Research Commentary on Recent Market Volatility

January 26, 2022

The fact that market declines are a normal part of investing in stocks and happen relatively often doesn’t make them any less unnerving to investors whose financial security may seem to be at stake. It’s worth a reminder that for investors with a thoughtfully constructed portfolio that considers both their temperament and their financial ability to take on risk, shorter-term market declines are not a threat to achieving their financial goals. The real threat to meeting their goals comes from a failure to stay invested through these inevitable declines.

The questions in any decline are always the same: What has been missed? Is it different this time? And the financial media turns from reporting on experts explaining why the market can keep going up to experts explaining why it can keep going down. Most helpful to maintaining a discipline in these times is to consider the underlying fundamentals, where we are likely to be left when the noise dies down, and to consider the rich historical context of how downturns typically play out.

Looking at today’s backdrop, the declines have been largely driven by heightened expectations of the Federal Reserve’s plans for tightening this year that is leading to severe drops in many growth/tech stocks, which have experienced significant gains in recent years. Since reaching a high on January 3rd, the broader market (S&P 500) was recently down almost 10%—the mark at which a correction is formally reached. The tech-heavy Nasdaq 100 index was recently down 14% from its high; the small-cap growth stock index, which contains many speculative and currently unprofitable businesses, was off 16%.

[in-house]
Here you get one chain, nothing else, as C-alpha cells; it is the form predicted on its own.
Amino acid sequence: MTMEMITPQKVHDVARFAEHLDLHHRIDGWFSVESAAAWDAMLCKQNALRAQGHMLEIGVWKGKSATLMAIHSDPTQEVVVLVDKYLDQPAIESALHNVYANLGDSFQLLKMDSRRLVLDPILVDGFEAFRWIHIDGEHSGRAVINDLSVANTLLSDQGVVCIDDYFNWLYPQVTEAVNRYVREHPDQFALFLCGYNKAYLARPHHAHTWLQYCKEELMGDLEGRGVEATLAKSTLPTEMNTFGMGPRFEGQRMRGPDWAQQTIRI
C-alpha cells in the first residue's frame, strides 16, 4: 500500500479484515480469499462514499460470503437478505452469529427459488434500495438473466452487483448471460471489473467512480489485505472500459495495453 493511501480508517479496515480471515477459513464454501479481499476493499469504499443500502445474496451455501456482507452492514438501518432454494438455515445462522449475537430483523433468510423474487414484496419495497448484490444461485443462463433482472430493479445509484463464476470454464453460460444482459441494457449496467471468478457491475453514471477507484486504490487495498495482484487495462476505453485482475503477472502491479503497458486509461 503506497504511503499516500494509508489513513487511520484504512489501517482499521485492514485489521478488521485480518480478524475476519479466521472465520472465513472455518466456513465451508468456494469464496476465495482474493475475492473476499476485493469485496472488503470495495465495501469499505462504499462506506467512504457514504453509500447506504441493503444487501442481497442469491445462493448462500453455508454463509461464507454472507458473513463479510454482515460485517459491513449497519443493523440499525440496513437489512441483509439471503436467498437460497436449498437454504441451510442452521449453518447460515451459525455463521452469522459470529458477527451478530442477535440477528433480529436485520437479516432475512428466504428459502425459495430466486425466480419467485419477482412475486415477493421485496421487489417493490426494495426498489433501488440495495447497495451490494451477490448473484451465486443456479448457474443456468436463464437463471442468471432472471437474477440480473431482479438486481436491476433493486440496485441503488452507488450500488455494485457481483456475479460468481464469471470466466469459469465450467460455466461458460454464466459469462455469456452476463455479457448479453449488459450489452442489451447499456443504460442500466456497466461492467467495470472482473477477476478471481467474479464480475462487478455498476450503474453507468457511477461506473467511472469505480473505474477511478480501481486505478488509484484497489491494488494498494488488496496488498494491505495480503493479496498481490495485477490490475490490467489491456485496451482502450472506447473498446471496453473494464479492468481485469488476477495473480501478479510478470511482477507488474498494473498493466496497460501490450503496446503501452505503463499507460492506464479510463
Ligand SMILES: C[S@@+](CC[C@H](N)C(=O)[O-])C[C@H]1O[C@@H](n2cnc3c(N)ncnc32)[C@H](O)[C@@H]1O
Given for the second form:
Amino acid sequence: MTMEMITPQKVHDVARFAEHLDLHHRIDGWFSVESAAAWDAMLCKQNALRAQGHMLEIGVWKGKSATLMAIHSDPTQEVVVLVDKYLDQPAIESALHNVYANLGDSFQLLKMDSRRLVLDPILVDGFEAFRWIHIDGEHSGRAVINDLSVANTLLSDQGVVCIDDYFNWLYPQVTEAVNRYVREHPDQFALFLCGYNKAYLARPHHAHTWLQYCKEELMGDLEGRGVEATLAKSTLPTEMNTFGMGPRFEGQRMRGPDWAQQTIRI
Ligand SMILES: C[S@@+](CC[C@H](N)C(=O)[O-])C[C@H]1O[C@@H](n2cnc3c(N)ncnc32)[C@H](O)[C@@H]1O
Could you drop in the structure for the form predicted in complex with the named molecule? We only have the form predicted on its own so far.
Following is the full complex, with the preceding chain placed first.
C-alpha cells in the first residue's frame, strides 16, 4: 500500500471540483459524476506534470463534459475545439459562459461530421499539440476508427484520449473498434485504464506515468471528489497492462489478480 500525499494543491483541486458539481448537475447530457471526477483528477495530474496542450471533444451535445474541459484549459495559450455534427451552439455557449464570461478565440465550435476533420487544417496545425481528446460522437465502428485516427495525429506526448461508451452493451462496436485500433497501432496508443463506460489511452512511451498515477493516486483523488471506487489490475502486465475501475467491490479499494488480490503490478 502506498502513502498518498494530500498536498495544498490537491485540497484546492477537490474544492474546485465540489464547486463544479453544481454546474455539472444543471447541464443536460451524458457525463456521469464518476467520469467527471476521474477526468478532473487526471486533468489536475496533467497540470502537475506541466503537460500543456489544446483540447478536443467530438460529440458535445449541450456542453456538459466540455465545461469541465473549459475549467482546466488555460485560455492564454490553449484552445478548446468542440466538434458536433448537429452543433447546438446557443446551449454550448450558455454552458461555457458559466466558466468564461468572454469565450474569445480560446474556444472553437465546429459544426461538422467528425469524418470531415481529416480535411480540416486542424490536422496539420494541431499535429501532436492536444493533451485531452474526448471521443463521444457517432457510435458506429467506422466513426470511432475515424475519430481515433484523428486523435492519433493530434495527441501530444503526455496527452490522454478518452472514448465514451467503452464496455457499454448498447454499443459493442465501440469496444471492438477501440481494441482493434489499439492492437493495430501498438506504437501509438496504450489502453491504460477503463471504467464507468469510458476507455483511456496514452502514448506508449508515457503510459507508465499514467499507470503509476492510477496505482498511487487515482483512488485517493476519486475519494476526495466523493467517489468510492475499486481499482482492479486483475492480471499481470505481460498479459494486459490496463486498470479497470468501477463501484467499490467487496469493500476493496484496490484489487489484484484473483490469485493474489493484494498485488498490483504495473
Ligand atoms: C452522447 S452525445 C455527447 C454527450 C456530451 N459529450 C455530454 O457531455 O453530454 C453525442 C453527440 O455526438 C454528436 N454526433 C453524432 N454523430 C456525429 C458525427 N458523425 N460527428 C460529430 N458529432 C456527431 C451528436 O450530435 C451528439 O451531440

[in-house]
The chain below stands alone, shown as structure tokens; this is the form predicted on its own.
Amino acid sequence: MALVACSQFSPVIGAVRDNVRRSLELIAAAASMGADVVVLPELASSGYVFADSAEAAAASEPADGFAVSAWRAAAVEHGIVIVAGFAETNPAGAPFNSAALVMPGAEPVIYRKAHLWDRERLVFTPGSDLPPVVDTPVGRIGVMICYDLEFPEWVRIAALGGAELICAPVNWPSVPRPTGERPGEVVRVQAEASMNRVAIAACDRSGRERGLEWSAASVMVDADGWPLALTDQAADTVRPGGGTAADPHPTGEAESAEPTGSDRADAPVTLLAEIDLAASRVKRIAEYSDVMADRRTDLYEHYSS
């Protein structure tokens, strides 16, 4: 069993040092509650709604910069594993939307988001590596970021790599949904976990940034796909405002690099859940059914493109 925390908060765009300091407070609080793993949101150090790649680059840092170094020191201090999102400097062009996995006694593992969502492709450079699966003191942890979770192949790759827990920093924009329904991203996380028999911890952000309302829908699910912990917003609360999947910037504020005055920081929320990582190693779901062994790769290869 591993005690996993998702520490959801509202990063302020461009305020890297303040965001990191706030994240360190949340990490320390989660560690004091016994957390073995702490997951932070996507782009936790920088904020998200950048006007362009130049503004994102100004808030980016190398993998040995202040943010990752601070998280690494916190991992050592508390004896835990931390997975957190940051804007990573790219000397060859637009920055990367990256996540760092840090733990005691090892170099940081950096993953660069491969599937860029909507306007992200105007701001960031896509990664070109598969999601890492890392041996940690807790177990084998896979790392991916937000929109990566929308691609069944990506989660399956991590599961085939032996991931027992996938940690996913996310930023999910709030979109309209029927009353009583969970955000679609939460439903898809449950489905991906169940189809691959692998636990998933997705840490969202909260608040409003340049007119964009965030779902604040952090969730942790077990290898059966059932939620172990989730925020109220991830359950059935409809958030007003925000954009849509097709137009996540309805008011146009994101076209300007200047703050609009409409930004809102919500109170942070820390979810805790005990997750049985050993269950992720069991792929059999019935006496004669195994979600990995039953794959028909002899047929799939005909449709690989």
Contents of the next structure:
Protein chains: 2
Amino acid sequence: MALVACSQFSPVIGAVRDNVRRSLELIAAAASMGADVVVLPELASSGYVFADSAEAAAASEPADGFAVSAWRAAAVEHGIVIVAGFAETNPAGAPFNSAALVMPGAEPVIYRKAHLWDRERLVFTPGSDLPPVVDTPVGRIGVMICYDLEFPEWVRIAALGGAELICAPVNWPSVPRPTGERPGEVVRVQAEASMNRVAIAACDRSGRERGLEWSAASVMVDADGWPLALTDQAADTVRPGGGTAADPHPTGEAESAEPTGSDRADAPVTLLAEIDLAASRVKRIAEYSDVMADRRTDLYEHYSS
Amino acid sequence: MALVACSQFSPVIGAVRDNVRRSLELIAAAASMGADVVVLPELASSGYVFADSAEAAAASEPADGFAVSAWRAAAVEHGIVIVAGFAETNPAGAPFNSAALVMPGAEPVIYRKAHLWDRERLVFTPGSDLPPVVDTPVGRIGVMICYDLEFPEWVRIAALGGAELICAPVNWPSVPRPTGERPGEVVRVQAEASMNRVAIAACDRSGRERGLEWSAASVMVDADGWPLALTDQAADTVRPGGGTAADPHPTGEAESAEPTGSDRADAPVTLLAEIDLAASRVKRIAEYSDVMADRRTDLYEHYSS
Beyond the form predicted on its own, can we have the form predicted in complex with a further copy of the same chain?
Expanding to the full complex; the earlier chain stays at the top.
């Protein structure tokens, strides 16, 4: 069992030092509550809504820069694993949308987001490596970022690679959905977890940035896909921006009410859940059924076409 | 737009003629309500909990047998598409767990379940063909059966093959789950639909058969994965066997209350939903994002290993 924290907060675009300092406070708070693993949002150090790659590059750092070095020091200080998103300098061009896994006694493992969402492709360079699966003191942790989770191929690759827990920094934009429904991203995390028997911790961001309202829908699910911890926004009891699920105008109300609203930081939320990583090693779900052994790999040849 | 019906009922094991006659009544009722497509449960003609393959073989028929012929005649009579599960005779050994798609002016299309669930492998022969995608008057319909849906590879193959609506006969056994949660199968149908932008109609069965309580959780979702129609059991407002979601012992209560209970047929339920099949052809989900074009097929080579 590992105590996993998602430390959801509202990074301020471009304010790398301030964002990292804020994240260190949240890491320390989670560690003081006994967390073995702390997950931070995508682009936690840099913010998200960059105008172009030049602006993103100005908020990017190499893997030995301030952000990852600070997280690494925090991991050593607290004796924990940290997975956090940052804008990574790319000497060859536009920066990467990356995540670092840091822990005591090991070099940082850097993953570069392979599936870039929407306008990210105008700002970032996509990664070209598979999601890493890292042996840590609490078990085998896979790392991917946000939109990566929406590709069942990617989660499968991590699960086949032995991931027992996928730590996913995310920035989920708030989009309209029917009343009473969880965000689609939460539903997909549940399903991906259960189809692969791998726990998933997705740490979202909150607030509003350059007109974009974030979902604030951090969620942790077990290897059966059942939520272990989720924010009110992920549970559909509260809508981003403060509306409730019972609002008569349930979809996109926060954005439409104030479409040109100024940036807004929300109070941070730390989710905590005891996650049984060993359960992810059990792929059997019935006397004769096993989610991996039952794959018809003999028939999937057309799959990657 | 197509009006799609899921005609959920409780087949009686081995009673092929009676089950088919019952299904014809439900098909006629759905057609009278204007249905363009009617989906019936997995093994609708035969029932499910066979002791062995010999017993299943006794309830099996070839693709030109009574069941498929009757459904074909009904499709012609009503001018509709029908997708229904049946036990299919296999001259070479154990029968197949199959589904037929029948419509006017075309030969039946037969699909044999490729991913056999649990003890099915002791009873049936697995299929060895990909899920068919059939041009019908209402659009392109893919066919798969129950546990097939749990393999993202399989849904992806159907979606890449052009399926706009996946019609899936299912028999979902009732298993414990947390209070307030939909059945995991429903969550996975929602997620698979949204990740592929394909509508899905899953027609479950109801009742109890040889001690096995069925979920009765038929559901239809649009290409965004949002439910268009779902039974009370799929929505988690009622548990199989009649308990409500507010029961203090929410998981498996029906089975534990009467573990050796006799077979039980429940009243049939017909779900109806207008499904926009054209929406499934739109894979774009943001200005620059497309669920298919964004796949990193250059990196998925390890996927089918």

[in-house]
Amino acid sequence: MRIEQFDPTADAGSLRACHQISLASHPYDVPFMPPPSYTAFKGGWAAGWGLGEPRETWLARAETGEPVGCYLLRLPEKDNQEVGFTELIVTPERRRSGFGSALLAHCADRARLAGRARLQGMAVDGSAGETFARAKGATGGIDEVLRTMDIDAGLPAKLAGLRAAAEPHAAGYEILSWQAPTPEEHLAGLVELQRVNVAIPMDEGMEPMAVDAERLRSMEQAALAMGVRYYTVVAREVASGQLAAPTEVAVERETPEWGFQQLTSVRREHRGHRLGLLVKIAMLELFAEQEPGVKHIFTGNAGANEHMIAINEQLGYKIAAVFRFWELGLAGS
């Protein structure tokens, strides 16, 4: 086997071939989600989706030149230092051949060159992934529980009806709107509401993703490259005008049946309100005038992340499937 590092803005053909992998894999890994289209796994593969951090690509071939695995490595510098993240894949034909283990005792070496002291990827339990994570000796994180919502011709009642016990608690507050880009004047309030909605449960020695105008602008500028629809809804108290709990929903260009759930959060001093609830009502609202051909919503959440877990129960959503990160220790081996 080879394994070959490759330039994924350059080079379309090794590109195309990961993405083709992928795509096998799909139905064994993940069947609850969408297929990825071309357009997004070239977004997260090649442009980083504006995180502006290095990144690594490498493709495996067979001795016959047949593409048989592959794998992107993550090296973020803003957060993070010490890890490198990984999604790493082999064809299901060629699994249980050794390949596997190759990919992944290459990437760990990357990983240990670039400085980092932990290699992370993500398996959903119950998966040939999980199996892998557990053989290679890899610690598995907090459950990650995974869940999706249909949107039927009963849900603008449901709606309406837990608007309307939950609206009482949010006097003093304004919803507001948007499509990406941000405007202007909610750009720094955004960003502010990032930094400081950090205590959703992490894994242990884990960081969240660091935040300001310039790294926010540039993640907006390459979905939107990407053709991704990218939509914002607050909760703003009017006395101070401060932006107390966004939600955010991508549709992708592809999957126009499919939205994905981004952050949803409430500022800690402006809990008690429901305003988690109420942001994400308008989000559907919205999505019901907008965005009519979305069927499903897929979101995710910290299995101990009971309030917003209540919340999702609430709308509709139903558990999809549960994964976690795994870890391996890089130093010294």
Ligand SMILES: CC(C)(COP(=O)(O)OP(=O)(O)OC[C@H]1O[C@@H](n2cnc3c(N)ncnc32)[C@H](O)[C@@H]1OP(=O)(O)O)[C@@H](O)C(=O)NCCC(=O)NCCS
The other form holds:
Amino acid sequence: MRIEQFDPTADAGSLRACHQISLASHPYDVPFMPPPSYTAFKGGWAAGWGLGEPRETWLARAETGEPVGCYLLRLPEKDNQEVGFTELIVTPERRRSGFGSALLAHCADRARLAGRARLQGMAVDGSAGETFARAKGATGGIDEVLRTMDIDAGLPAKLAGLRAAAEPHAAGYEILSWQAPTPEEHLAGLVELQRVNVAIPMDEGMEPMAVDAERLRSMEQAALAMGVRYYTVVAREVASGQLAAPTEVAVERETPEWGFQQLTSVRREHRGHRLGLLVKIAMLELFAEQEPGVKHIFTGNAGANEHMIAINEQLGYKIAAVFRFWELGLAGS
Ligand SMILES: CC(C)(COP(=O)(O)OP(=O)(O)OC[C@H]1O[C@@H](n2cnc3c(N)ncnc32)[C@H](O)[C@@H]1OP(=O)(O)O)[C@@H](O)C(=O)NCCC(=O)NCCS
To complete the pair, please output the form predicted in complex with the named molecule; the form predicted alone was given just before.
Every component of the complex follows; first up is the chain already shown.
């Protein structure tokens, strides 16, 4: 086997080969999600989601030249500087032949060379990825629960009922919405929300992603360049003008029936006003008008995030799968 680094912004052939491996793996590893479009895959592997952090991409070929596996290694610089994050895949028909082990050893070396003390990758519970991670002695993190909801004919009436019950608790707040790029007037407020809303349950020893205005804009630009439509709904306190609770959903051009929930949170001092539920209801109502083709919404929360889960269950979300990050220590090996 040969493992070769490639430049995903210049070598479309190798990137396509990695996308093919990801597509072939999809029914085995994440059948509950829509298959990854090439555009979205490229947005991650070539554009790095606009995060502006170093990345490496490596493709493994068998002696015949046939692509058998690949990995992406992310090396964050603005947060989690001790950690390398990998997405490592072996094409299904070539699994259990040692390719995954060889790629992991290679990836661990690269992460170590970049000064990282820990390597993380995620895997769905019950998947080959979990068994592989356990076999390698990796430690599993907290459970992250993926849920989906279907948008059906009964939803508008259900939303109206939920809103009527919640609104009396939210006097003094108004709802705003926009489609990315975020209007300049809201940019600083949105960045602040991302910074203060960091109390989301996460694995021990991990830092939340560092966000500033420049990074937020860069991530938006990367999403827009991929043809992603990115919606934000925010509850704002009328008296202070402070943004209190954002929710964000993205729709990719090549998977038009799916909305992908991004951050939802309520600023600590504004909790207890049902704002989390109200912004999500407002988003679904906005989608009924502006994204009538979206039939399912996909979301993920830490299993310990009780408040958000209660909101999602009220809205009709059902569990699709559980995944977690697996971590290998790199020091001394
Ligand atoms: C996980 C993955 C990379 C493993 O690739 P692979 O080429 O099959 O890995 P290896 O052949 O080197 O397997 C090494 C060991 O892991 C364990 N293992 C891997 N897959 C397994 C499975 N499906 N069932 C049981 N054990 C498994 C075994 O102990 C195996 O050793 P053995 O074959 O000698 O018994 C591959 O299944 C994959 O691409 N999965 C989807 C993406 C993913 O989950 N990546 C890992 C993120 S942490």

Fed policy is driven primarily by concerns about inflation, and in December the Fed signaled it expected to raise interest rates (tighten policy) several times in 2022 to cool the economy down. But there haven’t been any changes in Fed policy in the past two weeks. Nor, has there been any meaningful change in the underlying economic growth fundamentals. So, we chalk up most of this recent market volatility to the ever-fickle nature of short-term market sentiment and herd behavior.

We continue to believe that a severe bear market is unlikely without a recession, and the economic and earnings growth fundamentals and macro backdrop still look sound this year. We expect growth to decline from 2021’s pace but still remain above-trend. However, we have also highlighted—and continue to keep a close eye on—key risks, including the potential for the Fed to tighten policy more sharply than the economy can handle, a wage-price inflation spiral taking hold, a Russian invasion of Ukraine and/or a sharp slowdown in the Chinese economy. COVID-19 also remains a wildcard that we continue to monitor closely.

In terms of historical context, it is helpful to remember that in every market decline the same concerns are raised and each decline has fundamental similarities: fear over how far it could go followed by a reversal during which much better returns are realized. Consider that since 1950, 10% or greater market drops happen on average once a year. They are to be expected. Bear markets (20%+ drops) happen every six to seven years on average.

 

Pullbacks Happen and are Normal

 

Meanwhile, the average rebound in the 12 months following a market bottom is 41% and over the subsequent five years it is 93%, which highlights the point that selling after a decline effectively captures some or all of the downturn and misses the rebound—a sure recipe for failure.

As always, we will monitor developments and consider new information objectively. Rather than pulling back on stocks, it is more likely if we see significant further declines that we would be adding to our equity allocation at much more attractive valuations. Meanwhile, we believe our portfolios are well diversified and built to withstand downturns consistent with their risk profiles. Please feel free to reach out to discuss your portfolio with your advisor; we welcome your questions and appreciate your trust.

—Litman Gregory Investment Team